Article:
Tuesday, 7 June 2016

How very dare you!

Having been away from twitter for a week or so, I thought I’d try and catch up a bit on what’s been happening with some of the people I follow. I’m now thoroughly bemused and depressed by what I’ve read. I’m certain that I haven’t caught up all with the relevant exchanges and blogs, but it seems that a segment on Victoria Derbyshire Live last Monday linked to the 5th anniversary of the Panorama undercover programme about Winterbourne View has been followed by a lot of debate (some of it quite vituperative), largely directed at @GeorgeJulian (and by extension the #JusticeforLB campaign) on the basis of George asking some questions of the Mencap representative @dan_scorer during the TV segment.

There are a few things about how this debate has played out that confuse me, to say the least, and this blog tries to set out some of the basis for this confusion. Upfront, I do want to say that any charity worthy of the appellation should be welcoming the kind of questions George raised with open arms, rather than seeing them as a threat to their corporate brand. [As an aside, the unpreparedness of Mencap to respond to these questions suggests that questioning and challenge isn’t a part of the internal culture of the organisation either, which doesn’t augur well]. I’m not sure that being late to this debate helps or hinders, to be honest, but here goes.

The first thing that struck me was the sense that asking questions about Mencap was in itself not a legitimate thing to do. It wasn’t that the questions that George asked received adequate answers  (and they are questions that are being asked about a lot of big charities, particularly those who are also big service providers); for some people it seemed to be that questioning Mencap at all was somehow to impugn their virtue or to negate/insult anything positive that they do. Personally, I’m not convinced that charity status should automatically confer a shawl of unquestionable virtue, for a number of reasons.

First, surely the example of Kids Company should be enough to make anyone want to see transparency and accountability in the charity sector, and to worry about any charity that takes on the mantle of virtue to the extent that any challenge to its operations is seen as sour-faced and illegitimate.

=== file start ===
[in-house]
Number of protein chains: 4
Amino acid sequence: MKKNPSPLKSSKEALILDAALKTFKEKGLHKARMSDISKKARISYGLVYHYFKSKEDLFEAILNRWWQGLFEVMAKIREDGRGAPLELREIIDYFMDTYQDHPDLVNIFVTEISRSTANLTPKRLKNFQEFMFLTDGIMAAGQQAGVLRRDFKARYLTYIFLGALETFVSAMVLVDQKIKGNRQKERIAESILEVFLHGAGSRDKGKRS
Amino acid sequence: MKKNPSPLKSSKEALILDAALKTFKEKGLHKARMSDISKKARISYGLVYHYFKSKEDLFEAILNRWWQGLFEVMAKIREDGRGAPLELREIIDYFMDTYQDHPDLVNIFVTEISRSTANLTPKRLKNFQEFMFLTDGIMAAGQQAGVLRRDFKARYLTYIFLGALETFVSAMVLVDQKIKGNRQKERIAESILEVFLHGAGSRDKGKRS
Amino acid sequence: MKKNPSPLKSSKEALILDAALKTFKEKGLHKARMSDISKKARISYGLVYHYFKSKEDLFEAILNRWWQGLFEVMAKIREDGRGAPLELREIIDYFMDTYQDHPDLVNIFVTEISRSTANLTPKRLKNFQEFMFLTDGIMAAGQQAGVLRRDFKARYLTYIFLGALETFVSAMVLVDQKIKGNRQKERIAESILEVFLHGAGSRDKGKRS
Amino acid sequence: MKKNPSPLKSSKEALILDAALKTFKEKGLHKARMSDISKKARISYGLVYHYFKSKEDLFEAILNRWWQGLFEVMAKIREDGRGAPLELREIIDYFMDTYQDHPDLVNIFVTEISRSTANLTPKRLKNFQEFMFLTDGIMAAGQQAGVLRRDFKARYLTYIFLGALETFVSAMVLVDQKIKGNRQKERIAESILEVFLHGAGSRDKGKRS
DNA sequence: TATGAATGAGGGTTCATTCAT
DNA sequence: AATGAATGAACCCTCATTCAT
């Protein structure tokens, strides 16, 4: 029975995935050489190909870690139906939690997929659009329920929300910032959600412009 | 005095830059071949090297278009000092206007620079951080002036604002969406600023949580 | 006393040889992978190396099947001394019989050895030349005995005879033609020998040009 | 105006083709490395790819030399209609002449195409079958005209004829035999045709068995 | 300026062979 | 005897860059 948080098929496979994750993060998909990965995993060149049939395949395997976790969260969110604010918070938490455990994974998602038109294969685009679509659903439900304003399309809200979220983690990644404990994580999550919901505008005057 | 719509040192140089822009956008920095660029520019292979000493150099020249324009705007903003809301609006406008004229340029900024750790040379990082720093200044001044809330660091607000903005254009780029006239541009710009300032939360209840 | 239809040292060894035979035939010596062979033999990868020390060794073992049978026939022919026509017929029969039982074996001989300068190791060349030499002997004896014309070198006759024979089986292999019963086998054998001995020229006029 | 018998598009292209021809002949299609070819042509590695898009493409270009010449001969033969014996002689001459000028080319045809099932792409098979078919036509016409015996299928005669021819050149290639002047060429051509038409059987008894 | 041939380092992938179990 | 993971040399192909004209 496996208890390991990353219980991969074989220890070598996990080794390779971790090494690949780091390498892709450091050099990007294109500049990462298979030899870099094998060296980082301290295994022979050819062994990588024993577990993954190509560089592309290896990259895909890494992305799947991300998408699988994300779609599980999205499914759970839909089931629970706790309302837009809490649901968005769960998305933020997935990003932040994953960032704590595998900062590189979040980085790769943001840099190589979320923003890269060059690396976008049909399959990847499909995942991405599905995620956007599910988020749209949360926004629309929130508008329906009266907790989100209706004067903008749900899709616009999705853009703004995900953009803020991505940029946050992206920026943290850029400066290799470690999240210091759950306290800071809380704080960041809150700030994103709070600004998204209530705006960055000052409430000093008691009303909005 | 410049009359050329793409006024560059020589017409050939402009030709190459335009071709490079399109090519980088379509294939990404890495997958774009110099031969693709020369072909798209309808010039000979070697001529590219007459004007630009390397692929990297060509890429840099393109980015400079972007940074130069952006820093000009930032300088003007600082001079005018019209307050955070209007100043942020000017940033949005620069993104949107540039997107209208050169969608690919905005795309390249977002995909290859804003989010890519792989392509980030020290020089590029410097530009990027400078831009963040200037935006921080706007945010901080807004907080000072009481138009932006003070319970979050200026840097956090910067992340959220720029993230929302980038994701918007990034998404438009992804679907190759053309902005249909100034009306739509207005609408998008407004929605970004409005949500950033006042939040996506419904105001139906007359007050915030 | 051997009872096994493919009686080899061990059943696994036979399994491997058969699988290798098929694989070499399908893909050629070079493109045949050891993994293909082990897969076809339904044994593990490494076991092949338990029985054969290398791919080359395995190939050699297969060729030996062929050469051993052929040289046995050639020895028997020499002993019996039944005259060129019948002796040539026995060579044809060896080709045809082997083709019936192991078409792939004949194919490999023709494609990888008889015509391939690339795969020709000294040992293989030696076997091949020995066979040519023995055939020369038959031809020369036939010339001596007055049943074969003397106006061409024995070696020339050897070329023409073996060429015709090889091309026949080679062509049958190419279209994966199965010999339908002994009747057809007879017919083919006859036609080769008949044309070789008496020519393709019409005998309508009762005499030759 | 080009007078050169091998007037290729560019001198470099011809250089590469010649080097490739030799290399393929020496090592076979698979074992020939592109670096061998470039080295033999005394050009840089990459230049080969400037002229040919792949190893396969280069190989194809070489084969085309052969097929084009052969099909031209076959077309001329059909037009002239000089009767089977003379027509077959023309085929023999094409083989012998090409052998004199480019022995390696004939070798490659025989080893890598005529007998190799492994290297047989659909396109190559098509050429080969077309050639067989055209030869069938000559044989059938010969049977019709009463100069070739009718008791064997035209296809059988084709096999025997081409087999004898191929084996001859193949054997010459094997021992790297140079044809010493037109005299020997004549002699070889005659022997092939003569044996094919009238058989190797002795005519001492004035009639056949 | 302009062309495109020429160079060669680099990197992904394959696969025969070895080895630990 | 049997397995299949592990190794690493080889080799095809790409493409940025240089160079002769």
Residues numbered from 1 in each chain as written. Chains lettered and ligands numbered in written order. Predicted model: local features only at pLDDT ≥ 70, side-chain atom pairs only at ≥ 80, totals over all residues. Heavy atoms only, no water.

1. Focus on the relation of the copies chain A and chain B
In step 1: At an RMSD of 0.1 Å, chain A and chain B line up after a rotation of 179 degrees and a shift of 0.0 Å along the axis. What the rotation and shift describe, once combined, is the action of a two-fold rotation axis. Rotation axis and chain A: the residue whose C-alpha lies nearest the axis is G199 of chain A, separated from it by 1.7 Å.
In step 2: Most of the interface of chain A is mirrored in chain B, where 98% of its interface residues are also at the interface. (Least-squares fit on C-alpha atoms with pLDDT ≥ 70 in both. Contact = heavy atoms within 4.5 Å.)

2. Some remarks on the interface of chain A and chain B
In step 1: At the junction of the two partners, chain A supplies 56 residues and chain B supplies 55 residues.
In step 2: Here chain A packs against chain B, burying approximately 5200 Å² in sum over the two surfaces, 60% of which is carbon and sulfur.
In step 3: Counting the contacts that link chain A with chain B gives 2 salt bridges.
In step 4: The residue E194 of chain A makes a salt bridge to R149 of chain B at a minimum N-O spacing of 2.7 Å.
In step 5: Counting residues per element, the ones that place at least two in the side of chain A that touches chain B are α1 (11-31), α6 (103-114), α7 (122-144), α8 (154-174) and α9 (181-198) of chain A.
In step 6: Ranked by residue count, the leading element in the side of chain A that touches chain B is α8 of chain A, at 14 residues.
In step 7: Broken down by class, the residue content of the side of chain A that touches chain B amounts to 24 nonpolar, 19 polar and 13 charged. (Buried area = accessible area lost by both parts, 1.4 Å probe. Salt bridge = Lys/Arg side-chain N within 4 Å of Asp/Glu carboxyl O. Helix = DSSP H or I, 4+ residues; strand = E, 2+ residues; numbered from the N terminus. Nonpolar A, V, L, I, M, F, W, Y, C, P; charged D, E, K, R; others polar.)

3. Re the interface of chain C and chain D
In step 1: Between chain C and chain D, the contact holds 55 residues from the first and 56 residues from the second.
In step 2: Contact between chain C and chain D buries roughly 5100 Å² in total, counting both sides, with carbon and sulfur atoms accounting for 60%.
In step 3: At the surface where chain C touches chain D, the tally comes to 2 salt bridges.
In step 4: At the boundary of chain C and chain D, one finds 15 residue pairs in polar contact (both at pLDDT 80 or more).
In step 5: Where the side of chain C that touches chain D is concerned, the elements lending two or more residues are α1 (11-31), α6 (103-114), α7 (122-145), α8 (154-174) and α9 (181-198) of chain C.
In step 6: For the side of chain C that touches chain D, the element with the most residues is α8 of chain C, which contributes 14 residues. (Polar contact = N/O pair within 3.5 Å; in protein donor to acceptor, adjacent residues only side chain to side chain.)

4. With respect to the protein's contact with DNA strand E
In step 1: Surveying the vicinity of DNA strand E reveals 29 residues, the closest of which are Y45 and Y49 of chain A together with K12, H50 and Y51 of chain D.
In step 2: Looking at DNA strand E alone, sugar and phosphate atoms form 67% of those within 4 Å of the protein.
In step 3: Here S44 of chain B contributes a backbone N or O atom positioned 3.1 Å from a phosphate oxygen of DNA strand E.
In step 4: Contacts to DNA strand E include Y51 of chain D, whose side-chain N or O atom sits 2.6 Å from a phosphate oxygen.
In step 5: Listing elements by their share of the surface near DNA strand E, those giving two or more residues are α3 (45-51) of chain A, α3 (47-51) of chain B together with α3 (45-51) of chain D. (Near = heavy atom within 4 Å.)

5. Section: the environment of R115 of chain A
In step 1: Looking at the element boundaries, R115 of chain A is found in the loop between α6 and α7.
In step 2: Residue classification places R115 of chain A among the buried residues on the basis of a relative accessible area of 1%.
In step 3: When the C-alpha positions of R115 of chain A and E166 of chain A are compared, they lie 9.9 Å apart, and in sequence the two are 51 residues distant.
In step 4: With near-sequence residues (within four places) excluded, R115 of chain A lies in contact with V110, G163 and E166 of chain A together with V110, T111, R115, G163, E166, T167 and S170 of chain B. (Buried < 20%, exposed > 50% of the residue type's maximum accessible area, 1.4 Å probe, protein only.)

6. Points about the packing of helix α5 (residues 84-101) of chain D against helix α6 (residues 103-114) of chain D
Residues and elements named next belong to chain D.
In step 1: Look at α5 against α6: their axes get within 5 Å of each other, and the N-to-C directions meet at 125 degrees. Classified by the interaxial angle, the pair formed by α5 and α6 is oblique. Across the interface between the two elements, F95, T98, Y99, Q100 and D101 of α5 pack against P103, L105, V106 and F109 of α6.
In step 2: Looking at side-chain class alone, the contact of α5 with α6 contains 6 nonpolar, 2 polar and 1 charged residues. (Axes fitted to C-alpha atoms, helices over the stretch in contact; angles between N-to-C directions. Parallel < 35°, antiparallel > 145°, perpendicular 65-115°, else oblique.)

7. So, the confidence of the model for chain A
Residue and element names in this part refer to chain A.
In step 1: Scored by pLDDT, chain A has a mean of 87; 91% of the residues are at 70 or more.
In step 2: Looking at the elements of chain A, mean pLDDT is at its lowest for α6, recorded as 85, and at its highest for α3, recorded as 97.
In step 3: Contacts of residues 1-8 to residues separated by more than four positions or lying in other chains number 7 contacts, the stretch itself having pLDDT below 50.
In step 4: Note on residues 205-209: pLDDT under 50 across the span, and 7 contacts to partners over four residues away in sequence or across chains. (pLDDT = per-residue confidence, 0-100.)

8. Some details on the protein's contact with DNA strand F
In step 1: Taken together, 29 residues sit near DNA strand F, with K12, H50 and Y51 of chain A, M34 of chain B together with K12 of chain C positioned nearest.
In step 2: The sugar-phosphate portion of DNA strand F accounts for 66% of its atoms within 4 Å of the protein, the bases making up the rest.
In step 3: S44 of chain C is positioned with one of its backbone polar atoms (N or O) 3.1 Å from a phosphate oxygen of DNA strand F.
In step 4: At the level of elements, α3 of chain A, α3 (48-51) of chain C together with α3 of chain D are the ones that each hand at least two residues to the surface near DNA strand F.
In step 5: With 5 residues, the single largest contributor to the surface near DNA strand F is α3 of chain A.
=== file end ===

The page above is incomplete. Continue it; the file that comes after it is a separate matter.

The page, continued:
Second, there are inevitable (and perhaps sharpening) tensions between any charity that functions as a service as well as a campaigning organisation (and in an English context Mencap is a large provider of a wide range of services for people with learning disabilities). To what extent can any such charity bite (rather than lightly nibble) the hand that feeds it, and how do Mencap’s campaigns negotiate these tensions?

What should be the expectations of a large charity providing services for people with learning disabilities, to justify its charity status (including the ensuing tax breaks)? My personal list would include something like the following (although this list is not exhaustive, and some non-charitable service providers manage at least some of these better than Mencap):

  1. A commitment to human rights (with strong, publicly available evidence that their services are showing a commitment to this routinely, day by day).
  2.  An open, transparent culture of continuous learning to make their services the absolute best possible – to rigorously evaluate how good their services are, to be honest about where things aren’t going well, and to be curious about how to make them better. A quick look at the CQC website shows that, while most inspected Mencap services are rated as good (87, I think), a substantial number (12) require improvement and 1 service was rated inadequate. No Mencap service was rated outstanding.
  3. Evidence that people with learning disabilities and family members are central to deciding how the charity is run (including how the services are run), what the campaign priorities are, and what the goals of these campaigns are.
  4.  Public evaluation and reflection on whether the campaigns have met meaningful goals, with ongoing debate about the effectiveness of their campaigning activities and what this means for achieving meaningful change.
  5.  Supporting, taking part in and contributing resources to other campaigns and campaigning organisations led by people with learning disabilities and families.
  6.  Generally, ‘being the change you want to see’ (not Mahatma Gandhi, apparently) – for example, if you’re going to campaign about the employment of people with learning disabilities you should be an exemplar employer of people with learning disabilities yourself.
  7. Supporting people with learning disabilities and families to develop compelling new narratives and policy proposals for a comprehensive, positive alternative agenda for how people want to live their lives and to be supported in doing that.